Calling Cadence is duo Oscar Bugarin and Rae Cole. The Los Angeles based outfit has a new, self-titled acoustic album coming out in October, with some songs from it available now. Oscar Bugarin wrote an exclusive essay for us about his time in the army and the way it worked for him while he was enlisted. Here is what he has to share:
Music was always something that was a part of who I am. I grew up playing guitar and it is very much a part of my family, on both sides Bugarin and Sanchez. I had to put all that on the back burner during my time in the military – 6 years to be exact. I found myself in a singing competition by way of karaoke on my second deployment overseas in Africa in 2013, that stirred up the drive to devote my life to music.
In 2013, I was a brand-new Sergeant in 1-63 Armor Battalion, 1st Infantry Division, about to go on my second deployment, and I worked on vehicle named after old generals, and one named after a demi-god – The M88 Hercules. When I was deployed it was to provide security for a joint operations base called Camp Lemonnier in Djibouti, Africa. Some of us would be on guard duty, and others would be performing support jobs as clerks, mechanics, cooks etc., I was one of the lucky ones to be on guard duty at the gate. There wasn’t much to do, besides the usual guard activities. We weren’t allowed to read anything, play crosswords, or even sit down. We stood there with our weapons, in the African heat, and process civilians or government employees who entered and exited the base, and to keep unwanted visitors out. The only I could do to pass the time was sing. Luckily, the other soldiers didn’t mind it, they asked me to learn songs for them, and on my off time I ordered a guitar off of Amazon to fiddle around on at the smoke shack.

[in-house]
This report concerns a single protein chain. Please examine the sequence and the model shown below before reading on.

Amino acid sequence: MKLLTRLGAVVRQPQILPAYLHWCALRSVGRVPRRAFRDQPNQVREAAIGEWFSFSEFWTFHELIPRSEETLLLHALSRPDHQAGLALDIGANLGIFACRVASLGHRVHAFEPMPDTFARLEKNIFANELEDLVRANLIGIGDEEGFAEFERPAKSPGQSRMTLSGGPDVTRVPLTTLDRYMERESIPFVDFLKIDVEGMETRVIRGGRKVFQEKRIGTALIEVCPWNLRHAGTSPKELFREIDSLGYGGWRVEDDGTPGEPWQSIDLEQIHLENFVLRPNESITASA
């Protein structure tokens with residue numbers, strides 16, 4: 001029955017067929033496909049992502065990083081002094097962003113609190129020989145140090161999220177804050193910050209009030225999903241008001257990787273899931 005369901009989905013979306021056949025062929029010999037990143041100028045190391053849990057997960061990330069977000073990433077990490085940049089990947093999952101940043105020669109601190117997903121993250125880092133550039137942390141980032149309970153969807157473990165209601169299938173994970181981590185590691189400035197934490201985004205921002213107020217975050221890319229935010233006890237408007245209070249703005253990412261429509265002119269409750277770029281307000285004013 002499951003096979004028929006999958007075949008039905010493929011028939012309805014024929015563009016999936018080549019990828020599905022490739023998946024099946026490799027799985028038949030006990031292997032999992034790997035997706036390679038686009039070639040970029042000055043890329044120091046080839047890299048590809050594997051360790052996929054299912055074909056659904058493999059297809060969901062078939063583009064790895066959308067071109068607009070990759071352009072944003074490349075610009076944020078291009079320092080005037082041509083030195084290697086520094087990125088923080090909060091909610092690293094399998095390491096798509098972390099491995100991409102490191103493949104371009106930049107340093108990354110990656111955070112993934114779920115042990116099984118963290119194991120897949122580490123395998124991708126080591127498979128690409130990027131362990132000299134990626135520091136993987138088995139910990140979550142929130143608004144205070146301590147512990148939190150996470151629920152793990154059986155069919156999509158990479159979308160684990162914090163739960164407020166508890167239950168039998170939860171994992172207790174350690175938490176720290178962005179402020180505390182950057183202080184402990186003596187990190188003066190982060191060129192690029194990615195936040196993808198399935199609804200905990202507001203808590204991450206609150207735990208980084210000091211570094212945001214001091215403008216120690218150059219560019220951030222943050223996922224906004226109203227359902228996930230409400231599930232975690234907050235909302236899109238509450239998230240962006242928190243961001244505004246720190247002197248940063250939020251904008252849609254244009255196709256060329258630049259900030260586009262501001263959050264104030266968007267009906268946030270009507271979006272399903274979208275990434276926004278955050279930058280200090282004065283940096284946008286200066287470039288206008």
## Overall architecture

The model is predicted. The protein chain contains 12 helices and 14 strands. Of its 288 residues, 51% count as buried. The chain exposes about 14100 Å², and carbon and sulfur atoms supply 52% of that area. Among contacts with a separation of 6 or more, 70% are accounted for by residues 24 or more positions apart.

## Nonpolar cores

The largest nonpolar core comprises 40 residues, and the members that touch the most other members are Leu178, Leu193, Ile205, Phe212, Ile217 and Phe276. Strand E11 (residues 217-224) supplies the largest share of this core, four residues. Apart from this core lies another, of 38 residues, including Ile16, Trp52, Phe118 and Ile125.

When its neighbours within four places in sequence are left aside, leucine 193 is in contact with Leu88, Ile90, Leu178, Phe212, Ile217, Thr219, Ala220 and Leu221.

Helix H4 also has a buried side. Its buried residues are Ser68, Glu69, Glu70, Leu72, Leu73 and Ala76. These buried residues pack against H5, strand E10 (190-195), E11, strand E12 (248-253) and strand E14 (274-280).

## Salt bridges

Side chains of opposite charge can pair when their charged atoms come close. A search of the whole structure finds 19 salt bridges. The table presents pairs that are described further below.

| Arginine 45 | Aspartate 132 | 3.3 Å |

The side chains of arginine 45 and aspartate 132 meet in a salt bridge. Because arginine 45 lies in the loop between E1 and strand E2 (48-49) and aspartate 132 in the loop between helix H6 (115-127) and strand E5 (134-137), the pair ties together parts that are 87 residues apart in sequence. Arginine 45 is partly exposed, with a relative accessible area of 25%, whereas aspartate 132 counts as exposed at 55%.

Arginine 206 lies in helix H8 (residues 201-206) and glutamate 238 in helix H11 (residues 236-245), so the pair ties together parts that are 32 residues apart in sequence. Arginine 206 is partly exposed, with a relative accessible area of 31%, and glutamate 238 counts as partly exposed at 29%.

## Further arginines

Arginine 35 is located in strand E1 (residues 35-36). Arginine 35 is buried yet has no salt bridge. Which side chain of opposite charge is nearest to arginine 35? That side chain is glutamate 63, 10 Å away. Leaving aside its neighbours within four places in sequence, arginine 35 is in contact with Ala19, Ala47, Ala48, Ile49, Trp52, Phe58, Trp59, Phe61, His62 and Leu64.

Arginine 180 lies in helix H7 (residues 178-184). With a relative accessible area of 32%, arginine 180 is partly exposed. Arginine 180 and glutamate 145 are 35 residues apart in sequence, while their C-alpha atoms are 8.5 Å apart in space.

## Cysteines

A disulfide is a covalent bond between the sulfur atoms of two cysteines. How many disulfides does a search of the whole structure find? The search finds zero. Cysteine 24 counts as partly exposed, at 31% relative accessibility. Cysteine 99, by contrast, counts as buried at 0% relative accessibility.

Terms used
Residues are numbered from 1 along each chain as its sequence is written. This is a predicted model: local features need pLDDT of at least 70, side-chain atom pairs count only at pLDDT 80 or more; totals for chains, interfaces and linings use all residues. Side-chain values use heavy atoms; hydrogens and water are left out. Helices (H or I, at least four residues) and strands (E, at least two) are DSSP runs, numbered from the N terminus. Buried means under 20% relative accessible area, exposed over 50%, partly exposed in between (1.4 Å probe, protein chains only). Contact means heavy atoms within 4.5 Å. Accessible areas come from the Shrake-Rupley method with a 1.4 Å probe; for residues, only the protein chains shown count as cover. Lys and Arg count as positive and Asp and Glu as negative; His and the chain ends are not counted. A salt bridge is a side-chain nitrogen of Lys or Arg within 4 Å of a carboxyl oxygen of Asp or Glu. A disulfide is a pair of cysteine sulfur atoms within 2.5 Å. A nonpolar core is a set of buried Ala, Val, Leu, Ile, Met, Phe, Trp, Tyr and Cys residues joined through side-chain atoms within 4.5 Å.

One day somebody finally told me “Hey, there’s karaoke Tuesday night at the Cantina” (where Army soldiers couldn’t drink without a signed memo from our commander). I took a little coaxing. Being a Sergeant, an NCO and a leader, I was a little hesitant showing my sensitive side to my soldiers, especially being in a place that was somewhat restricted. My fears and hesitations, were quickly forgotten when I launch into Beatles covers, Stevie Wonder and Elvis, and started taking requests. On a random karaoke night, I walked into a singing competition called “Operation Rising Star.” I had no idea what was happening but with encouragement from a buddy who was with me I decided to sign up. I won that first round, then the second, and finally the third round. To be honest, I don’t think I was very good back then, I don’t know how that happened, but it was the most fun and the happiest that I had been in a long time. Everybody on the base knew me after which lead to invitations to come and sing and hang out at the cantina, most importantly it got me writing again.
Winning the competition overseas bought me a plane ticket home a month early to participate in the competition’s international finals, with the top twelve contestants. I was super nervous, I’d never been in a singing competition before, nor have I had I considered myself a singer or vocalist. Growing up, I was a guitar player, never the lead singer in a band. I sang at church but nothing like this. The competition was broadcasted on every military base around the world, and although I never did get any of the prizes that were promised, it was quite the turn of events for me. I met a few civilians who volunteered competition, who were instrumental in encouraging and inspiring me to rethink my career choice and give music another shot.
In May of 2016, I was honorably discharged from the US Army in Fort Riley, KS and on my way to be a civilian again. I had a very clear direction to get back to playing music and back into the music scene in LA. It wasn’t about fame or recognition, but it took serving in the military for be to get back to myself and find what I was meant to do, which is music.
essay by Oscar Bugarin
Find more info about Calling Cadence and tour dates, here: https://callingcadencetheband.com
Check our our previous coverage, here: Interview: Calling Cadence is Striking While the Iron is Hot